And yet, there is another side to this. While most homeless people would be happy as the next person to have a comfortable home with a flat-screen TV, the trivial desires of our consumer culture often become a distant concern. Life is reduced to bare essentials. Humor becomes a survival skill. People become strong or they break.

These are the folks I want to be around. Our brokenness, for me, is a reality to be embraced as part of what it means to be whole. In witnessing and, in my small way, participating in the everyday heroism of those who have nothing, I have grown more than I can measure.

This, for me, is an enormous privilege. My activism doesn’t flow from a sense of charity. It springs from a deep respect for the struggles of the poor and a sure knowledge that, in pursuing this work, I gain far more than I surrender.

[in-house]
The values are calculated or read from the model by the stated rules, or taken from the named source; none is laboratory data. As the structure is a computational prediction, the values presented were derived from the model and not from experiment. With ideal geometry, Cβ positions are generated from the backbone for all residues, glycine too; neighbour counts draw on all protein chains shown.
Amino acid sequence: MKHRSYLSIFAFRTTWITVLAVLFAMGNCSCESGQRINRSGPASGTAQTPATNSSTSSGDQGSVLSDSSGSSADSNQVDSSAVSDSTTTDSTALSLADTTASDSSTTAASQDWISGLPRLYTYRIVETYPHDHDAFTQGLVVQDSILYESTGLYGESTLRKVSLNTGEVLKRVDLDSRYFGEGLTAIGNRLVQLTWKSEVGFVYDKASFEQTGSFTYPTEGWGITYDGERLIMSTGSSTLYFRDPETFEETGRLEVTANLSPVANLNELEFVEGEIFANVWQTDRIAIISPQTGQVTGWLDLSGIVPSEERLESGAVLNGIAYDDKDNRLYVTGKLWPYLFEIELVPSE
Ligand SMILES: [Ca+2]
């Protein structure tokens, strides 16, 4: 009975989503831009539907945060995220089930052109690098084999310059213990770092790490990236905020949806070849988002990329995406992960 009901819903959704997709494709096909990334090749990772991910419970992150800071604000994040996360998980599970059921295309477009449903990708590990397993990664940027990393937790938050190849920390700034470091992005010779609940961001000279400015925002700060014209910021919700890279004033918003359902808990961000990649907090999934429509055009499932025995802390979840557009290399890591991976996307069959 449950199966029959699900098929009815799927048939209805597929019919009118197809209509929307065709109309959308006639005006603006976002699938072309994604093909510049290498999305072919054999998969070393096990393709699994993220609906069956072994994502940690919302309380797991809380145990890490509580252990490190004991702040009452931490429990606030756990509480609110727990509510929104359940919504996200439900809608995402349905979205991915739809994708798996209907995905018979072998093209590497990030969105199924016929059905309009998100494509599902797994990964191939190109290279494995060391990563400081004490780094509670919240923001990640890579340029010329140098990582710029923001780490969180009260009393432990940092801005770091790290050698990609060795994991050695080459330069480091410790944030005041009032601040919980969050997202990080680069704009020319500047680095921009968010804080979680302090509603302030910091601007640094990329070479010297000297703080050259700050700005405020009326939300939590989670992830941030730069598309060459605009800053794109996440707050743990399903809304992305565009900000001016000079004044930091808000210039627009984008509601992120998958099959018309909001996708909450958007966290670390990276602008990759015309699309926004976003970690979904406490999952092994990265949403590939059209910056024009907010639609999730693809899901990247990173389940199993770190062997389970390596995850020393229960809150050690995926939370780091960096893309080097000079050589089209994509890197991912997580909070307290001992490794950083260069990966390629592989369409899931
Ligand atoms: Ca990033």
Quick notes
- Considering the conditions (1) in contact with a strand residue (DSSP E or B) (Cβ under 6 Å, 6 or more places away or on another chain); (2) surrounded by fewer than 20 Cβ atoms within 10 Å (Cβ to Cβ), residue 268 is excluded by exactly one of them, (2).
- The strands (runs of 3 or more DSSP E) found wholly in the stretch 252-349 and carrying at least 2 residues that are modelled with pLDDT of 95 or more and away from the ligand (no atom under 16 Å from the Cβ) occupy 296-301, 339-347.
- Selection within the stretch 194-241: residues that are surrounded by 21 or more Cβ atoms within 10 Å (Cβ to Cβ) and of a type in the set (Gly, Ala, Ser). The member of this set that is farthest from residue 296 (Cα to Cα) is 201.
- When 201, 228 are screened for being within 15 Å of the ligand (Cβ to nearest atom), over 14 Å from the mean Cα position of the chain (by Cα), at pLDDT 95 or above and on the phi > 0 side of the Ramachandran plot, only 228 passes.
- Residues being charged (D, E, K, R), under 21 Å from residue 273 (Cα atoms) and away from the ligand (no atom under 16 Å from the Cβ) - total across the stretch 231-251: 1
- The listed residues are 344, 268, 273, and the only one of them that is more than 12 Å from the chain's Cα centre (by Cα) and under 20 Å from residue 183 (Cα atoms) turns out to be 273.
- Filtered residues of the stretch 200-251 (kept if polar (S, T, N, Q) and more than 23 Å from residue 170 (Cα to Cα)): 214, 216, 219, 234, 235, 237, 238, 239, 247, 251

Beyond inspiration and respect, my commitment flows from a deep, systemic, appreciation for what mass homelessness in the midst of extreme affluence means. The economic restructuring of globalization has brought thirty-five years of growing inequality. This widening of polar extremes will only deepen. If one wants to understand where this leads, they need only look to the horror show of the urban mega-slums of the southern hemisphere.

Mass homelessness grows out of an economic system that blithely accepts the abandonment of the most vulnerable. Anyone who’s paying attention knows that multiple systems are deeply and profoundly broken. Homelessness, however, is often defined as a matter of broken people; not as evidence of a broken system in which some of us are regarded as “less than.”